A home draw with Walsall does not constitute an SOS either, but there was undeniable frustration for all Bantams supporters present, including those resident in the Mamma Mia Stand.
The maxim that playing against 10 men is often harder than taking on a full quota of 11 rang true for the umpteenth time as City, despite producing 17 attempts on goal and boasting a 66 per cent possession count, could not navigate a way past a stoic Walsall side whose captain Joss Labadie saw red just before the interval.
Afterwards, manager Derek Adams professed to having a fair bit to be satisfied about regarding City’s poise on the ball and ability to fashion out opportunities – and he had a point. His side will probably play worse this season and win.
His view was that the hosts ‘should have won by a landslide.’ A decent majority would have probably been more accurate.
Most of the reasons to admire arrived in the first half, ironically when Walsall had 11 players on the pitch before the 43rd-minute dismissal of Labadie for a crude challenge on Gareth Evans.
The movement and fluidity of the hosts going forward was an eye-catcher, less so the ability to be ruthless in front of goal.
The goal they scored was a thing of beauty with Elliot Watt announcing himself in splendid fashion after a quiet start to the season.
A neat short corner routine from the hosts ended with Walsall failing to clear their lines with the ball dropping to the midfielder outside of the D.
His aim with his left foot was unerring and true with his unstoppable effort arrowing past Saddlers keeper Carl Rushworth.
It showcased the class that Watt has in his locker and an indication of why, if speculation is to be believed, other clubs have been monitoring his progress.
For his part, there is only one place where the Lancastrian wants to be.
He said: “If anything, it is a compliment. If people weren’t talking about me, then it shows I am not doing things that I maybe should be. At the same time, I take no notice.
“This is the perfect club for me to keep improving and playing in front of these fans is a pleasure. Playing with the players and learning from the gaffer is what I want to do. I take no notice and just need to keep improving.
“It is down to me to do it and keep my feet on the ground because that is the only way I am going to improve.
“If I start thinking I am a ‘player’ which I am not, then I will get carried away and won’t really reach my potential.”
Admitting that the quality of his goal – his first since April – was tempered by City not picking up three points, he continued: “Personally, I was delighted to get a goal. But I’d swap a goal for three points every day of the week.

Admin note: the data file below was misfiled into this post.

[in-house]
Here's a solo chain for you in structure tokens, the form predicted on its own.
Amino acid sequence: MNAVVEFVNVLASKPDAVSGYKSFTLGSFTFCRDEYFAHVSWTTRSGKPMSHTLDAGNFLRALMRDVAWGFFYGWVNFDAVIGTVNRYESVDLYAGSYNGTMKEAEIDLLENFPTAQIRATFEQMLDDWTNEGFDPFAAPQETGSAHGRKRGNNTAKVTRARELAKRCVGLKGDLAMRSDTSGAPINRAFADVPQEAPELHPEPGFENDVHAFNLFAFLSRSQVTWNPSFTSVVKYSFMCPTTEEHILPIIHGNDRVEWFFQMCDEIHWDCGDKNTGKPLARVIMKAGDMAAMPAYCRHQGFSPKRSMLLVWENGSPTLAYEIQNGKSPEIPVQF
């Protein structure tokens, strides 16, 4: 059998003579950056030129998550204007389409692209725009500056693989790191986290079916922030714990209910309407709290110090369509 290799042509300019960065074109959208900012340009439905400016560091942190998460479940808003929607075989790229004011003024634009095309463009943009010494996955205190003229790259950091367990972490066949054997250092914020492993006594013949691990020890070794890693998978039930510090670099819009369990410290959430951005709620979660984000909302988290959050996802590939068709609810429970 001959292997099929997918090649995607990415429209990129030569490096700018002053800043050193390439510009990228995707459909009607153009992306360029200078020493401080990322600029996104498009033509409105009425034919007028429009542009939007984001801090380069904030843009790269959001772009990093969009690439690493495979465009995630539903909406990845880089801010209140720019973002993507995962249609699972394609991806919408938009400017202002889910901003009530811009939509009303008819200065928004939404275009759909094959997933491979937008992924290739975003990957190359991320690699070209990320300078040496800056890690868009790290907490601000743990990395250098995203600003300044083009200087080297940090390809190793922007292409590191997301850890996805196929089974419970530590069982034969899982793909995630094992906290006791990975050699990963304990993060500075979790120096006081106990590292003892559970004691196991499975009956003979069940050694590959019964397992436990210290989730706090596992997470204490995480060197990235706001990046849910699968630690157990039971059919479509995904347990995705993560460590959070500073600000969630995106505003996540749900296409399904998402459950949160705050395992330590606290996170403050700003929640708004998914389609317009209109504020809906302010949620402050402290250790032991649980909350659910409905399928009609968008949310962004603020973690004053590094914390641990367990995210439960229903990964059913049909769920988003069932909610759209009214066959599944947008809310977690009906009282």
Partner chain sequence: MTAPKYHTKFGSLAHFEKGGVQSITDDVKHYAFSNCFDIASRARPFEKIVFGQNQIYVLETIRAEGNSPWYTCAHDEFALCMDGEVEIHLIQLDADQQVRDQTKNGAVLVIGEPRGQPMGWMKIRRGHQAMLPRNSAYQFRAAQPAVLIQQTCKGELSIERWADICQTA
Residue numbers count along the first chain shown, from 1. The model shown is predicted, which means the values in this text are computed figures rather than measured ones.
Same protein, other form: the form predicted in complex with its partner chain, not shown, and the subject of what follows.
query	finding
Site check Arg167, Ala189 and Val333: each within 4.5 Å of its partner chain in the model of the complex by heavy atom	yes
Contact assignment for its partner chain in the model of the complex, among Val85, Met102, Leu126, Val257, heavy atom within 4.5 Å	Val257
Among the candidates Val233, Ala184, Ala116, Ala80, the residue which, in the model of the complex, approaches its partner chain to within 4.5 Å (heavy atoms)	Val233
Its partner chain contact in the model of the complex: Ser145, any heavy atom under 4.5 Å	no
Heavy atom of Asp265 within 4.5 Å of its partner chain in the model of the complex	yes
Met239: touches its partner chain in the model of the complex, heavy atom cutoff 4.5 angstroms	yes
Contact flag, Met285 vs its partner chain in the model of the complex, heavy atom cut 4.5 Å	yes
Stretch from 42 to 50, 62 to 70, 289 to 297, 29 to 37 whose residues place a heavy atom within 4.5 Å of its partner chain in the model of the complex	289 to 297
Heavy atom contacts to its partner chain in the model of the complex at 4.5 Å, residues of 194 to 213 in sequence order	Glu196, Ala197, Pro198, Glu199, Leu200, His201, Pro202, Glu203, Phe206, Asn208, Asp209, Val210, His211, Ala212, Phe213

“It was not a bad one; if it falls to my right foot, it would have probably gone into the crowd.
“It is difficult when a team goes down to ten and puts two banks of four and makes a change at the end and have banks of five and four and play without a striker. You have to keep probing and hope something falls for you.
“We created a number of chances and it is just about putting them away.
“Even in the first half, when it was 11 v 11, we had gilt-edged chances and just couldn’t put them away, which I am sure we’ll work on this week.”
Even before Watt’s fine strike, it looked like being a long afternoon for Walsall, whose early defensive conviction was not exactly overwhelming.
Only a last-ditch block prevented Andy Cook from continuing his happy knack of scoring against former employers, while Rushworth had to be alert to deny the recalled Evans.
Watt then had home punters off their feet and a picture-book move should have later ended with more celebrations, only for Charles Vernam’s downward header to fly agonisingly past the far post and not nestle in the back of the net. City continued to probe, only to be hit with a sucker punch.
Incisive work on the left from former Harrogate Town player Brendan Kiernan, a livewire on the day, picked out ex-Halifax Town midfielder Jack Earing and another of the Saddlers’ impressive performers on the day tidily tucked the ball past Richard O’Donnell from close range.
Then the game turned again with Labadie’s red.
The eye-catching stuff on the restart came from those in the Walsall defence whose determination and resolve grew with every passing minute, block and chance that Bradford passed up.
The biggest culprit, surprisingly, was Cook, who fired into the side-netting and headed one excellent chance over, while only a last-gasp deflection from a Walsall defender got in the way of a close-range effort from substitute Ollie Crankshaw.
One of those days is the phrase, but there was still a fair bit that City got right. No time for dramas.
Bradford City: O’Donnell; Threlkeld, O’Connor, Canavan (Robinson 89), Ridehalgh; Watt; Evans (Crankshaw 71); Cooke, Gilliead; Vernam (Lavery 77); Cook. Substitutes unused: Hornby, Songo’o, Foulds, Kelleher.
Walsall: Rushworth; White, Menayese, Monthe, Ward; Kinsella, Ladabie; Phillips, Earing (Perry 90); Kiernan (Taylor 84); Miller (Shade 64). Substitutes unused: Rose, Bates, Osadebe, Mills.
Referee: B Toner (Lancashire).